[00:36:14] Dr. Shayne Piasta: So on what we call affectionately the TCKOLS measure, because I love that we got to have good acronyms that can be pronounced when you're doing educational research. So for the TCKOLS, we were specifically focused on content knowledge that teachers had about oral language development. It's often easier to measure content knowledge than it is to measure pedagogical or pedagogical content knowledge. In] fact, a lot of the teacher knowledge surveys that focus more on like code focus skills tend to be content knowledge measures like, for example, Louisa Moat’s famous informal survey for teachers. But we also [00:37:00] focused on this because in our thinking, the content knowledge is also going to inform the pedagogical knowledge. So you can't just have content knowledge because if you're not translating that into practice, that's not going to do anything for you. But I would say it's insufficient but necessary to be able to make decisions that inform pedagogy. So we focused on six different aspects of language and language development in our content knowledge measure. So we focused on semantics or vocabulary. We focused on morphology and syntax. We focused on narrative, and then we also focused on contextual factors, like home dialect, that affect children's [00:38:00] language development as well as aspects of multilingual language development, given that those two topics are super important, um, for being able to support children in classrooms. And then the sixth bucket was really what we call general language. So this was something where it really cut across other domains, or was just very general about language. So content knowledge of each of those six dimensions is what we measured, and we actually were measuring it initially as this overall construct of content knowledge about oral language and oral language development in kids.
[00:38:42] Dr. Danielle Scorrano: I appreciate you, again, breaking down those domains because they're all obviously all equally important for any classroom. Like if you were to walk into any effective language rich classroom, you would see all of those in play. And the other piece I think that was important in returning to what you said is you talked [00:39:00] about content knowledge being important for pedagogical knowledge, and I think vice versa, right. I mean, knowing that you have to deliver explicit instruction for certain literacy skills, It's important. But understanding perhaps why you do that in the sense of literacy development is they go hand in hand and then you bring in the curriculum piece too. This makes sense in this curriculum because of all these other areas of content, child development and pedagogical practices that are going to support that in your survey. I'm just curious, I know it was the validation study. I want to know more about where you are in the process of it. What are you finding or can you tell us what you're finding in terms of the teachers? And how that would translate to teacher practices or why that's important in the classroom?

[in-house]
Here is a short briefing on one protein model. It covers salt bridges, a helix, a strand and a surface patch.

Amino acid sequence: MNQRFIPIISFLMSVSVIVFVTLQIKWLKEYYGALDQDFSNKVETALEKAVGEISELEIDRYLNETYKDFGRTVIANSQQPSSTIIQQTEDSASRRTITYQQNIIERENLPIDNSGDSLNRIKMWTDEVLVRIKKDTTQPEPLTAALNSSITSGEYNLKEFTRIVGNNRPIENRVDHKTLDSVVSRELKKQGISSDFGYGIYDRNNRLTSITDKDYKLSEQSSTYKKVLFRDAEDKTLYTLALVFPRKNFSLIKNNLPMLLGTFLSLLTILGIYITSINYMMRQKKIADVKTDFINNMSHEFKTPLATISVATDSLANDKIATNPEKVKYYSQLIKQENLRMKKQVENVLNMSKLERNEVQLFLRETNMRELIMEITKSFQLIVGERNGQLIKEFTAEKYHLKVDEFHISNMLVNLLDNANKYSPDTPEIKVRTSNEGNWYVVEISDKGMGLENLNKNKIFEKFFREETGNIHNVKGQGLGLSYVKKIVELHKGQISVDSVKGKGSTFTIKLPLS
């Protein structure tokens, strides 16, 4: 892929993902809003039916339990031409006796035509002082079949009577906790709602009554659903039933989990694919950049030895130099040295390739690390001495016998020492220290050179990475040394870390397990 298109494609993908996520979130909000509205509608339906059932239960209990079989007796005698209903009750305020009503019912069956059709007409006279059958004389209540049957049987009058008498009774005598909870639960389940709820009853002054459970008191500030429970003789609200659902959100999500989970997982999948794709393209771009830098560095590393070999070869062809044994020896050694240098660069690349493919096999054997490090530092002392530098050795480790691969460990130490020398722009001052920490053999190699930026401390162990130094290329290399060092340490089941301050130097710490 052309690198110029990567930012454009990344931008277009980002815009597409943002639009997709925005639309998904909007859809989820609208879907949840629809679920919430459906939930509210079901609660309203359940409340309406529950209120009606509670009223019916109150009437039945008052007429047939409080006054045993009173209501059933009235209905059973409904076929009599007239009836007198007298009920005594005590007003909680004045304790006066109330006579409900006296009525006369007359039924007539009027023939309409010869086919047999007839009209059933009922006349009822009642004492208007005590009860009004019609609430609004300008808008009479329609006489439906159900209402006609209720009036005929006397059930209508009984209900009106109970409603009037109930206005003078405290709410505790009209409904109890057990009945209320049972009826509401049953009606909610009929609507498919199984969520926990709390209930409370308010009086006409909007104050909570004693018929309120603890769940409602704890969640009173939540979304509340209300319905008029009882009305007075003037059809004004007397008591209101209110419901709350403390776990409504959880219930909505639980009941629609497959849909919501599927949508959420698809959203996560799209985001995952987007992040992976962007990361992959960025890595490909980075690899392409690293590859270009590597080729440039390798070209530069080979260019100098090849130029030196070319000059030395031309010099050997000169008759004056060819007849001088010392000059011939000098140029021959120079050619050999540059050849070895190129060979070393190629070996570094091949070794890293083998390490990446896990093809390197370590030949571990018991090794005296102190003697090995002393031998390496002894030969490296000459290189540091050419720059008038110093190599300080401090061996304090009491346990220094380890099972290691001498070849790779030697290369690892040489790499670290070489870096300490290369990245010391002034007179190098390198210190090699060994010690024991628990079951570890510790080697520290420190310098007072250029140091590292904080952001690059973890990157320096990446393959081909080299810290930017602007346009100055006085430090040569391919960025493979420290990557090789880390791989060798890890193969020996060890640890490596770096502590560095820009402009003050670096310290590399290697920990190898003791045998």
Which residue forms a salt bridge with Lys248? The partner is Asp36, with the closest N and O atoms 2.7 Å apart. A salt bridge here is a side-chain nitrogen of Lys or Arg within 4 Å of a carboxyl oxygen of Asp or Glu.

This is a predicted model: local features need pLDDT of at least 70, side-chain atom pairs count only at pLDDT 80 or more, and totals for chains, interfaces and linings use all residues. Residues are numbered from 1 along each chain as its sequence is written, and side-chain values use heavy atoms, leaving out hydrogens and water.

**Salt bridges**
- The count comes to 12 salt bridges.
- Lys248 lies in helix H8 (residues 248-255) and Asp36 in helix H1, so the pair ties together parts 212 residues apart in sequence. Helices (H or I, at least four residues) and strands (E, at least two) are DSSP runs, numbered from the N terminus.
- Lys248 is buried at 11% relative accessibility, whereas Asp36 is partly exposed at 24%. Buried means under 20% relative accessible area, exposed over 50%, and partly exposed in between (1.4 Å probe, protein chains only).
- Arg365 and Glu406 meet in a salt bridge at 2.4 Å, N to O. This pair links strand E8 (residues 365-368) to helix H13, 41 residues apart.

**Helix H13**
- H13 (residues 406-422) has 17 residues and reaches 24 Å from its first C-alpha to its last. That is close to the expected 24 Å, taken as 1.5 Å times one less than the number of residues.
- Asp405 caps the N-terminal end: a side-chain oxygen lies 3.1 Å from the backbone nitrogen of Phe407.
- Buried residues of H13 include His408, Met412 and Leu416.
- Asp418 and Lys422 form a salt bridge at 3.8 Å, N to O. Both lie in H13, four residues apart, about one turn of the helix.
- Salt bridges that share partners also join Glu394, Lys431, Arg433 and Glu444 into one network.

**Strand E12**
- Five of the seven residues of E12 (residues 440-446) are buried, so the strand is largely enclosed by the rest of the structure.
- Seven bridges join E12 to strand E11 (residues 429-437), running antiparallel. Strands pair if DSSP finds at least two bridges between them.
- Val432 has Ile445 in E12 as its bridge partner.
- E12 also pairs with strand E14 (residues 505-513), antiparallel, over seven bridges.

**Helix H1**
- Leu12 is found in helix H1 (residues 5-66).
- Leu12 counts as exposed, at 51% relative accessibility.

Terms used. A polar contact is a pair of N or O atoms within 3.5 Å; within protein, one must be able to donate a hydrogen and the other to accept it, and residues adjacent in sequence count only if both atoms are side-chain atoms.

[00:39:51] Dr. Shayne Piasta: Sure. I want to put this in the context of kind of the history and available literature on teachers [00:40:00] knowledge survey to support literacy. So I referenced the Moats, 1994 article in her survey already, which really prompted a lot of folks to attend to, what did teachers know about phonology and orthography that would potentially be important in support children's reading development and that really critical work. We definitely need to be supporting those code focus skills. Subsequent to that, there have been other knowledge measures created, but there's generally been a couple of limitations to those. So one, they haven't always been subjected to like rigorous psychometric analyses. It's not really clear the extent to which we can have confidence in those [00:41:00] findings. I think there are great measures. It's just like, well, we don't know if this necessarily predicts kids' outcomes. We don't necessarily know if this is one construct or multiple constructs, that type of thing. The other limitation is that most of it's been focused on phonology and those code focus skills, or the knowledge needed to support those code focus skills. We did what we think is a very thorough review of the literature before undertaking this project and developing the TCKOLS and found that there were some measures. So for example, Susan Brady had a measure that had some oral language items included in it, but it couldn't hold together as its own scale. It was only the composite across all of the different aspects of knowledge that they were measuring.